Parisian installation artist Baptiste Debombourg defies all predictability with his mind bending, three-dimensional pieces. He sheds architectural conventionality, and instead works with shapes and patterns in a way that is nourishing to the eye and baffling to the mind. While some artists play around with the idea of containing chaos, forcing an idea into a space, so that it can be examined easily, Debombourg prefers to take ordinary materials and create that chaos.

Debombourg recently collaborated with luxury brand Maison Martin Margiela to create a dynamic installation piece for the Grenelle store in Paris. The piece, appropriately named Turbo, is full of drama and impact. Following the success of Turbo, Debombourg teamed up with the luxury brand once again to create another installation piece, Stalker, which premiered at the Miami location, in time for Art Basel.

We sat down with Baptiste in Paris, and asked him to share with us his perspective on contemporary art, his growth as an artist and the correlation between art and science. His penchant for his art carries in every word he speaks; Debombourg is a brilliant thinker and his work is innovative.

Baptiste Debombourg on Installation art

TURBO at the Maison Martin Margiela boutique in Paris. (Baptiste Debombourg)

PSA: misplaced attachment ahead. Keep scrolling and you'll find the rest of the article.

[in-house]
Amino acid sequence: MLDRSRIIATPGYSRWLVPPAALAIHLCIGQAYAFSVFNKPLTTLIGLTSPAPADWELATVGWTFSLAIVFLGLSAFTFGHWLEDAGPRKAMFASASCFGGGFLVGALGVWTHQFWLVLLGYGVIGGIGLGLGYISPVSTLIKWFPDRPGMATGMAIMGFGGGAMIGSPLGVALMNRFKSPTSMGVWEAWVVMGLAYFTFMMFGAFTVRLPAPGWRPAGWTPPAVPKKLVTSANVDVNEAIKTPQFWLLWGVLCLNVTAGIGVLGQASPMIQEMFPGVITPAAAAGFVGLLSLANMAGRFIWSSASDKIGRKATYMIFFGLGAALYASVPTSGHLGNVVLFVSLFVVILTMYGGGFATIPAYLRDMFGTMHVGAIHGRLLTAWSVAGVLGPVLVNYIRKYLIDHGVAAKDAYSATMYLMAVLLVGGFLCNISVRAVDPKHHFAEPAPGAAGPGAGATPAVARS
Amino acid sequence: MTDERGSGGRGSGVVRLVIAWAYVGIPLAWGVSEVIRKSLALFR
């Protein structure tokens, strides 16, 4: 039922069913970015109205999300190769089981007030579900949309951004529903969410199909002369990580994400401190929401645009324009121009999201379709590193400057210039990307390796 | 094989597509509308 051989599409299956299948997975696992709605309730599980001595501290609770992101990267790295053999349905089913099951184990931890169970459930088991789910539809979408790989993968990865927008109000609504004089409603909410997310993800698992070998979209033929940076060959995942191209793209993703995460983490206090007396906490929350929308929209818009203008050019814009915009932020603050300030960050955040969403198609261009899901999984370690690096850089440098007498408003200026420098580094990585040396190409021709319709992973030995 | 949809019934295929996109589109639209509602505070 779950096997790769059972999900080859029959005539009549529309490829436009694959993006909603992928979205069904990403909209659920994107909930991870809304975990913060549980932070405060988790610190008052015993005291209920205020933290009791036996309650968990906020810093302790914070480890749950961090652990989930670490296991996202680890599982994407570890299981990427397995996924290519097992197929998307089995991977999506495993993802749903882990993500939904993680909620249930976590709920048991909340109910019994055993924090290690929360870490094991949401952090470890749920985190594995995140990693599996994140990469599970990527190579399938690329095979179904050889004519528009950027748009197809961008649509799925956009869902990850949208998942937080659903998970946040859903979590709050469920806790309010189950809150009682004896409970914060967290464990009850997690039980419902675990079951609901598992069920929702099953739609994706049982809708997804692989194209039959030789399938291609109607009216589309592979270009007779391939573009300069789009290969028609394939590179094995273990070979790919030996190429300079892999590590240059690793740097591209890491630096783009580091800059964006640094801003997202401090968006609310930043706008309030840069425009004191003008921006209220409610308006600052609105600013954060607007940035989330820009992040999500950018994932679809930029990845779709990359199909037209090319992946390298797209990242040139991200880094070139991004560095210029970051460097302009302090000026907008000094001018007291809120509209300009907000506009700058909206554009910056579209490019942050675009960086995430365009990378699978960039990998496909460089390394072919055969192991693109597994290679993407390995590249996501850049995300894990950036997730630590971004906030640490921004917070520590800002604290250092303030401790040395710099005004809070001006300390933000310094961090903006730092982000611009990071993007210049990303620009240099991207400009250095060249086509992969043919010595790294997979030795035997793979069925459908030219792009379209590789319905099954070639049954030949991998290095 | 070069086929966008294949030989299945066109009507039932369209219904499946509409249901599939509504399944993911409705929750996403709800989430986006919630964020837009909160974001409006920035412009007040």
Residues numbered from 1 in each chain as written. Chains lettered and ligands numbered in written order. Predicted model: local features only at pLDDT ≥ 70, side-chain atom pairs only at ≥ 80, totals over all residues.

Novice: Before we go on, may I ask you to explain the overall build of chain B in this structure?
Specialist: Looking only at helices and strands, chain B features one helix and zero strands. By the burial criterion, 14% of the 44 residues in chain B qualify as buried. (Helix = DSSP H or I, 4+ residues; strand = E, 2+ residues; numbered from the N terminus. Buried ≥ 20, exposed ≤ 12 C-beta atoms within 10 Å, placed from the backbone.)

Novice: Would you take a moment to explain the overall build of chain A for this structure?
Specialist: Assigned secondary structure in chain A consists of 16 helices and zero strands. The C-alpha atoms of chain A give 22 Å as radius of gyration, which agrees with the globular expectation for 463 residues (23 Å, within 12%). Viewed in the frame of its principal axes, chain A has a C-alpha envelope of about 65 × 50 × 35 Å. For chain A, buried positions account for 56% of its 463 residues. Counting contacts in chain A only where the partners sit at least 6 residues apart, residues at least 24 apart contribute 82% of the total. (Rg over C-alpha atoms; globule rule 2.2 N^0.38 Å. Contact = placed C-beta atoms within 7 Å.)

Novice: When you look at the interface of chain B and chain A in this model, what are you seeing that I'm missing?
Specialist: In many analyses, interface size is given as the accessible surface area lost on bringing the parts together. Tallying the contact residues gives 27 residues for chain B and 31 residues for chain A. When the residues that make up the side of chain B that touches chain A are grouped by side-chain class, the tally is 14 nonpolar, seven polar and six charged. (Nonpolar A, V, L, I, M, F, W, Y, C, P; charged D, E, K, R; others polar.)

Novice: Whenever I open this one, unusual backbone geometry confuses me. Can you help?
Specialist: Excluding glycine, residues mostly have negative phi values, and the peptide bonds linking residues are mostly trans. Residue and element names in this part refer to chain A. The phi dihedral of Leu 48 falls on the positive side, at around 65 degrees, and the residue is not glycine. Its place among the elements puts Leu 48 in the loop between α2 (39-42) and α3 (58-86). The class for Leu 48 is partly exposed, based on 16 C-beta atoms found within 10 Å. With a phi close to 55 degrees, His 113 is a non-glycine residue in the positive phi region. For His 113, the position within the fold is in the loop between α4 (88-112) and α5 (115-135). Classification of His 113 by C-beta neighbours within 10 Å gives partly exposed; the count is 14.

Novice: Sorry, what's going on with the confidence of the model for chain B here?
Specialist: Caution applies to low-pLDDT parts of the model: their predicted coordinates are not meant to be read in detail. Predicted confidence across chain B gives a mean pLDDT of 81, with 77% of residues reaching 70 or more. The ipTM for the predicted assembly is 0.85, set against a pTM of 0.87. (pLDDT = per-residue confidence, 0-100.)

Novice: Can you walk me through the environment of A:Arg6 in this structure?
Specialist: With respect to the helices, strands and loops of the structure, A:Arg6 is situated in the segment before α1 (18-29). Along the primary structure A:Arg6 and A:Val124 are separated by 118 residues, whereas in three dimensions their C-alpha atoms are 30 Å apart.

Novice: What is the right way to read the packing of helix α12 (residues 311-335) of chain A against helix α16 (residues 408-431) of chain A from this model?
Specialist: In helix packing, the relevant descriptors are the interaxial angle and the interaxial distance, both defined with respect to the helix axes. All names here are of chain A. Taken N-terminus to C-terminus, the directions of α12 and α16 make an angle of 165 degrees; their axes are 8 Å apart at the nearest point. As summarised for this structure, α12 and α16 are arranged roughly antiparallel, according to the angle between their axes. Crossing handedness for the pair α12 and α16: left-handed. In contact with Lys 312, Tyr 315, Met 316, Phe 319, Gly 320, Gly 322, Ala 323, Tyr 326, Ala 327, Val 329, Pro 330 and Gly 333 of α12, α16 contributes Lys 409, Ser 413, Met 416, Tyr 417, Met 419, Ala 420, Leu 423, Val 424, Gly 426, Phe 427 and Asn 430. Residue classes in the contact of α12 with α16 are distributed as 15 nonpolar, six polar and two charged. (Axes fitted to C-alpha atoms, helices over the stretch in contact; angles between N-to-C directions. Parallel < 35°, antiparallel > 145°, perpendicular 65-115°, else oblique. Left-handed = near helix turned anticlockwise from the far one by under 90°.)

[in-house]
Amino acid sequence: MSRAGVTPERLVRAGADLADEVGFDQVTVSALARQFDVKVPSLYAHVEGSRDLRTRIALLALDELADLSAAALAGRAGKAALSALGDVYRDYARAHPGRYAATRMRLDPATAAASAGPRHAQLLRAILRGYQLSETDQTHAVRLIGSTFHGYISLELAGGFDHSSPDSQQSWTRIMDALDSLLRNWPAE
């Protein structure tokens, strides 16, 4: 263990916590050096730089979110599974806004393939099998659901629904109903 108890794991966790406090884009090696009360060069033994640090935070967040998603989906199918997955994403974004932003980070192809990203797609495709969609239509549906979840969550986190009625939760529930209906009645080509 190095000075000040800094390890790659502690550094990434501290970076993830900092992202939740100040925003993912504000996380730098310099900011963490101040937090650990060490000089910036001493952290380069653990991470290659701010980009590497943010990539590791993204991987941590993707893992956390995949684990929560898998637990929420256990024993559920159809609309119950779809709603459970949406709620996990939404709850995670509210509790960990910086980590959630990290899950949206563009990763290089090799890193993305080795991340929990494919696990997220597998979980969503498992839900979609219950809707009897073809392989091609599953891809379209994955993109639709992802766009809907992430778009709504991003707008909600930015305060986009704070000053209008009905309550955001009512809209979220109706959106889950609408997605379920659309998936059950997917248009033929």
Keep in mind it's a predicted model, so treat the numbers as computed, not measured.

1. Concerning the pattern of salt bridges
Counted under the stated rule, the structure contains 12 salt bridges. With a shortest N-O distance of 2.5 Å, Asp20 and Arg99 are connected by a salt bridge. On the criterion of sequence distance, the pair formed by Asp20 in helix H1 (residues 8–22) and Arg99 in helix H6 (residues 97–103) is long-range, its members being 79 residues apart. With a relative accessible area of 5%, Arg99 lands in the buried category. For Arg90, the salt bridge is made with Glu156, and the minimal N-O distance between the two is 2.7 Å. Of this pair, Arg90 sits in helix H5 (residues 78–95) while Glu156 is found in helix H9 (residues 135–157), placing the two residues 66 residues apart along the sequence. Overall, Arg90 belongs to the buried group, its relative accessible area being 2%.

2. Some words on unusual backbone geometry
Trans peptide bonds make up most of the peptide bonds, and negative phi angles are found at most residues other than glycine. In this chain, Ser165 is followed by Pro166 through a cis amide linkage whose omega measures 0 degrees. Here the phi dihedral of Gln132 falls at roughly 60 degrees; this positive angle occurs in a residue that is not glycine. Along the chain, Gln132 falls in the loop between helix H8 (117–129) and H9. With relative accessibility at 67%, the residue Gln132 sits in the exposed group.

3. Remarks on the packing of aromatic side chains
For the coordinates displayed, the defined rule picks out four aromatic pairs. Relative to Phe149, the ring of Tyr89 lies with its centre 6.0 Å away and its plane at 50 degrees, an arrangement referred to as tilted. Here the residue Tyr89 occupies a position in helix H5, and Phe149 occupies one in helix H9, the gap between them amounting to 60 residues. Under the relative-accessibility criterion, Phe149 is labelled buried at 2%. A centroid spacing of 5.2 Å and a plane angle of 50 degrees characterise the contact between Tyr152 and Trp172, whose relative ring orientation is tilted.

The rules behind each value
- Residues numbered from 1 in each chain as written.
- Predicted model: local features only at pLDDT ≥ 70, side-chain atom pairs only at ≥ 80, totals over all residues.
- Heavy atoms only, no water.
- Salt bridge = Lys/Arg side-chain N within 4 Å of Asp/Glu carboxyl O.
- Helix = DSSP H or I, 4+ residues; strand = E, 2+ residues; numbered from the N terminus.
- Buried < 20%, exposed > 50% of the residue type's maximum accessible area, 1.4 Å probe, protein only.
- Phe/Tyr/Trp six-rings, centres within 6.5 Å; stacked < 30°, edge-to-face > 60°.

Baptiste Debombourg on Installation art

STALKER  Debombourg’s most recent collaboration with Maison Martin Margiela. (Maison Martin Margiela Facebook)

What influenced you to become an artist?

I was just curious about everything, and was trying to find the best way to understand things. I was very scared of becoming an artist, but chose the arts because it was the best way to have the freedom to find, to search and create projects. I was also asking myself about the question of ego because the ego is very bad for the arts. I thought a lot about this question, and finally, I chose the way of art because it allows the freedom to imagine everything you can do, and in our society, I think that’s very important, to have a way to imagine something and a way to think it would be possible to do it.

You work in temporary spaces, and your work is often three-dimensional, why have you chosen installation art as your medium?

This is the way that you touch the reality and exist more in the workspace in my point of view. I decided to create some work in sculpture and installation, because when you’re making an installation you don’t impose a work to everybody, it’s just a question of time. Installation is exciting, it can offer a surprise, last just long enough to disappear, then it exists only in the memory. The aim is to make sure the piece exists without me, I think this is the best way.  Continue reading